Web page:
A Monthly Online Magazine
by and for Those Who Live with
MS, Multiple Sclerosis
Tables of Contents
by F. Alexander Brejcha (Alex)
As an experiment I am writing this entire article without touching the keyboard. I am wearing a head set with a microphone and using a program called the via Voice 9 for Windows. Instead of paying $180 for the boxed version, I paid $40 for the bare bones un-boxed version which came only with a CD and the head set with the microphone.
The program requires a computer with a good bit of memory, good speed, and takes almost 600 MB of disk space. I use a Dell Inspiron 1100 which has a 20 GB hard disk and a 2 GHz processor. The program requires you to train it by reading several short stories in order for the program to analyze your voice and speaking of patterns. And every time you write a document with it, it learns more. The initial training only took a couple of hours.
The reason I was interested in this program is that my hands are affected by my M.S. and after typing for several hours they get numb and my coordination goes from bad to horrible. I am not being entirely truthful because up to this point I have had to make 3 minor corrections. But other than at that this entire article was written entirely by voice.
I normally do not try to act as a sales person, but as a writer with the impaired coordination this will help me a great deal. I also thought that it might be useful to some of you. For information, price, and ordering information go to http://www.platinum.deals.com/viavoice3.html (this URL had to be typed manually because it confused the program). But when I say comma, period, open parenthesis, and other punctuation marks the program inserts the proper punctuation marks. Occasionally one has to make a small correction but overall if one speaks clearly the program will understand you. There is no need to pause between words because the program is known as a continuous speech recognition program. For 40 bucks I figured it was worth a try and surprisingly enough this time I was right.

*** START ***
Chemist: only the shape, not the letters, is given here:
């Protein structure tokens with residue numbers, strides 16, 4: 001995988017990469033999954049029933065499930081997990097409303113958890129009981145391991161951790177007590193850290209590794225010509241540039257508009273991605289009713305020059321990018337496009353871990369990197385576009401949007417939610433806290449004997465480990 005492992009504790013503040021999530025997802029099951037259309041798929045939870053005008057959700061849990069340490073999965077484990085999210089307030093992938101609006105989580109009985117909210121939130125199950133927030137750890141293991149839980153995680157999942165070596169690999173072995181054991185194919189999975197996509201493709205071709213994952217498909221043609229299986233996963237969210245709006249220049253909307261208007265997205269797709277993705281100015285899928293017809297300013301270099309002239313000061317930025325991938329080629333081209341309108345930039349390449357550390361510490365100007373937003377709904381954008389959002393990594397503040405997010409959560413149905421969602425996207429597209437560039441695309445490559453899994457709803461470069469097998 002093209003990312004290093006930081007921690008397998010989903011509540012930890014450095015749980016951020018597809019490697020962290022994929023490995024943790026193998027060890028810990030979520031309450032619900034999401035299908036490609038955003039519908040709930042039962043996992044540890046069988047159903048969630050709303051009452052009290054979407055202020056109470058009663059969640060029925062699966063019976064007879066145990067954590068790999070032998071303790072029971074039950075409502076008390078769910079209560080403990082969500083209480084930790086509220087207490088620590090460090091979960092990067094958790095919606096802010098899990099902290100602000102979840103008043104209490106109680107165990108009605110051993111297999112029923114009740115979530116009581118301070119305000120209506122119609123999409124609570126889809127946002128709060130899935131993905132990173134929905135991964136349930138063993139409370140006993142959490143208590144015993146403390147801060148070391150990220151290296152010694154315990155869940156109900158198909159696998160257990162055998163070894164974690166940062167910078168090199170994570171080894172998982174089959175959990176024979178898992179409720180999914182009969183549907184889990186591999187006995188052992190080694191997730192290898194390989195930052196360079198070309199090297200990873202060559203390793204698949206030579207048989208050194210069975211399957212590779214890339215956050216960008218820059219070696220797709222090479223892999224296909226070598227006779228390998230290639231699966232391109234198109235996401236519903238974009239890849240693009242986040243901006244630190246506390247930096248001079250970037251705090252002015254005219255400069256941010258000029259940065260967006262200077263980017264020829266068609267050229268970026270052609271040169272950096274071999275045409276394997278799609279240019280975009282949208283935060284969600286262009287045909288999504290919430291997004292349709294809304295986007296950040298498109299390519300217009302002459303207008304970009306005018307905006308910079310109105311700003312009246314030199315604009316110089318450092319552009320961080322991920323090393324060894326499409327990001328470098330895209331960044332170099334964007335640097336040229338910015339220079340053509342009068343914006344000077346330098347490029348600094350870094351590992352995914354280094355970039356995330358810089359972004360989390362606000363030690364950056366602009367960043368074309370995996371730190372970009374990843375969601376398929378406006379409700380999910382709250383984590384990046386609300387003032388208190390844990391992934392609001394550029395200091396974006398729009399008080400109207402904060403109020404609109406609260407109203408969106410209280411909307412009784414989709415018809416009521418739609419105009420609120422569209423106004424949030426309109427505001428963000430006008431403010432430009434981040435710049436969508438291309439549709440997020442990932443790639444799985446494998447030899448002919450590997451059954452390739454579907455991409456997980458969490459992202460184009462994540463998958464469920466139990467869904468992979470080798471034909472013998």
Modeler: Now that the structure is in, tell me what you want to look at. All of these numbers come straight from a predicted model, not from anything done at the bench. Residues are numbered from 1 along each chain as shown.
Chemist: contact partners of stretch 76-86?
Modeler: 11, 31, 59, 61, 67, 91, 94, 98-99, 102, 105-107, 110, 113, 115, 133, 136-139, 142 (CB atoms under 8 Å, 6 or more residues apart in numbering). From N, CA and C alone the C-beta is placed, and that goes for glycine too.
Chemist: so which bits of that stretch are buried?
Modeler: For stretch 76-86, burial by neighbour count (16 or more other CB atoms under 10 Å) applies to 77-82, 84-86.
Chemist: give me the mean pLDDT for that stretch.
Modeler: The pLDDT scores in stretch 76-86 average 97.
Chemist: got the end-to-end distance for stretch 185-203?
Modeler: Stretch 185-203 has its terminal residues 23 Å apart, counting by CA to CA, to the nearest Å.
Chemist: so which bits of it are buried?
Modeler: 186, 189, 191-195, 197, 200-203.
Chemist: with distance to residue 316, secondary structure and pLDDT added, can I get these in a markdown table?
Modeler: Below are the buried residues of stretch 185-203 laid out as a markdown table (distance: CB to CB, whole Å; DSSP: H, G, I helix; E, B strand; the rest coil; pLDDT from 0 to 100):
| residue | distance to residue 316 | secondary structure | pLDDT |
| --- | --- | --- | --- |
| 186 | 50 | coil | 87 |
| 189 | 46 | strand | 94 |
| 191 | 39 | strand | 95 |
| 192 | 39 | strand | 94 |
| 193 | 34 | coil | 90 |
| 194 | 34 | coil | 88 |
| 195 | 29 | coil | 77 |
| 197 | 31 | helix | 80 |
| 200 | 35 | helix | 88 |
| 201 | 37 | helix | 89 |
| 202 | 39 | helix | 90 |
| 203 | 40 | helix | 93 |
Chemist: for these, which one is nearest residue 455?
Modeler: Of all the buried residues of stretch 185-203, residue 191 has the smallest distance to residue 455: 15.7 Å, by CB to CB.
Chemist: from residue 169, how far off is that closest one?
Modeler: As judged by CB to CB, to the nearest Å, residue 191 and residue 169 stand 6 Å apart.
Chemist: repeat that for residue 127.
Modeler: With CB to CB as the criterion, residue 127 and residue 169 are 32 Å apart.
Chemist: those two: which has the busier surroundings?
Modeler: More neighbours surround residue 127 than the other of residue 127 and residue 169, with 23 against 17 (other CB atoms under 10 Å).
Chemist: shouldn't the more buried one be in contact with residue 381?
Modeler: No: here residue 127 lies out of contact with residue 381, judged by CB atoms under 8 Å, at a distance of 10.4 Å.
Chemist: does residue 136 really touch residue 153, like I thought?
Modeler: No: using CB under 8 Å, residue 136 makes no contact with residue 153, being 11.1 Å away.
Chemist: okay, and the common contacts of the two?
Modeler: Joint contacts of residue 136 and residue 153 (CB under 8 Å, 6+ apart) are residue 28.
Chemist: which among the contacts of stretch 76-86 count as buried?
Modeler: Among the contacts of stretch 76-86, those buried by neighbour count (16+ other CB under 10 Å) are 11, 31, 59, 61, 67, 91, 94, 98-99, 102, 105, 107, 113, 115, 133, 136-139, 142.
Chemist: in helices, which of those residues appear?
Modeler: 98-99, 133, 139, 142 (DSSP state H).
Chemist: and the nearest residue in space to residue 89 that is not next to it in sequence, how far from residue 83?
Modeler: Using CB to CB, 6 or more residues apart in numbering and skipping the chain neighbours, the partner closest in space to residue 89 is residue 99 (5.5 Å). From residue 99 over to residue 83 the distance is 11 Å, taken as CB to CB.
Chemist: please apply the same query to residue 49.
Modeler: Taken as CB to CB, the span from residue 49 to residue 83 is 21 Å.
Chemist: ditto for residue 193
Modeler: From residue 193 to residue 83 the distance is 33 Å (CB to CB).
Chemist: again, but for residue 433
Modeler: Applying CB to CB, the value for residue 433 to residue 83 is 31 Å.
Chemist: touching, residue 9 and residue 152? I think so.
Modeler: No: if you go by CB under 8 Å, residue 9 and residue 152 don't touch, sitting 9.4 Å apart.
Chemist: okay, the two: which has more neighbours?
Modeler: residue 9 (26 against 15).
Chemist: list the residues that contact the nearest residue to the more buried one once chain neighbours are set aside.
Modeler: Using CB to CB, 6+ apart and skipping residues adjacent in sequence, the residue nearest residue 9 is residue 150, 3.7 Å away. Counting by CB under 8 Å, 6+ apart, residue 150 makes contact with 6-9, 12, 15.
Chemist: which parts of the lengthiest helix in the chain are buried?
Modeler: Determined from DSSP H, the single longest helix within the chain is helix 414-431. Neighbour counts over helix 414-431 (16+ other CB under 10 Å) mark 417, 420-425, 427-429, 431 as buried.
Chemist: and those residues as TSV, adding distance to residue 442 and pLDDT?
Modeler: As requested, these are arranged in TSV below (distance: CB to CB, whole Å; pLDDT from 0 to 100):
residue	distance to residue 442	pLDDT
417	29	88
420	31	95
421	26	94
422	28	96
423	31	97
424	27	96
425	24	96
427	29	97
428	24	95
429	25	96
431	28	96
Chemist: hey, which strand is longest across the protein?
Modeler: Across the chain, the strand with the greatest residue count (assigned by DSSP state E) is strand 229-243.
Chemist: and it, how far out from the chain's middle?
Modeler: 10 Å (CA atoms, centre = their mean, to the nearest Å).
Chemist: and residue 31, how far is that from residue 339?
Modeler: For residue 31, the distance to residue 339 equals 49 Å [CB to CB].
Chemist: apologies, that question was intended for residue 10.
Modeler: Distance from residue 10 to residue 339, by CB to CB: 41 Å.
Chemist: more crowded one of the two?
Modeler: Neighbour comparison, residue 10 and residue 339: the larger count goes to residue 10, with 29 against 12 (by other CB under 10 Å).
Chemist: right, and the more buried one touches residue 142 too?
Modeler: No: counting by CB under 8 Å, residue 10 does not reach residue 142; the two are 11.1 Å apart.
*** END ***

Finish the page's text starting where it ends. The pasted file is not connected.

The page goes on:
And last night I started a new story for the magazine I usually write for and just as with this article, I was able to write fairly normally. In fact, sometimes it is worse to try to help the program by speaking too slowly and stopping too often because the program selects the spelling of the words by context. It is important however, not only to train and the program by reading all the short stories and articles that are part of the training but is also important to keep an eye on what shows up on the screen when you dictate. Because the program may make mistakes-sometimes funny ones.
Because I bought it cheap non boxed version, I don't have a fancy manual that will guide me by the hand, but there are help screens that can instruct you on what to do. It saved me a hundred and 40 bucks! I can dig through a few help screens for that.
As an amused note, I am writing this at work and my work is as a telephone operator. While working on this little article, the phone rang and I had to answer a number of critical questions about patients in the hospital. When I finished and went back to the computer, I noticed that was on the screen was a sort of a garbled version of what I had been speaking about on the phone. I forgot to put the microphone to sleep. At the very top of the screen there is the microphone icon and you click on that with the cursor to either wake it up or put it to sleep. I guess I had better be careful if I had any visitors down here while I am working :-) - and I made that little Smiley by simply speaking the punctuation marks I used for the smile.
This program is not perfect, but I have tried earlier versions of both this one and the other major speech recognition program called the Dragon Dictate (there I had to go back and capitalize on the D in dictate). Both programs caused so many errors that I quickly gave up on trying to use them. But this time it seems as if programmers have finally gotten better at producing a workable speech recognition program. Especially for 40 bucks :-). Dragon Dictate it is very expensive, although to be honest I haven't priced their latest versions or tried to them. One problem that remains is that of homonym errors, though that is much less of a problem now as the program uses context to determine what word you mean to use. But be sure to speak clearly and enunciate!
As a note (I forgot to keep count), but during the writing of this article I don't think I needed to make more than 20 minor corrections.
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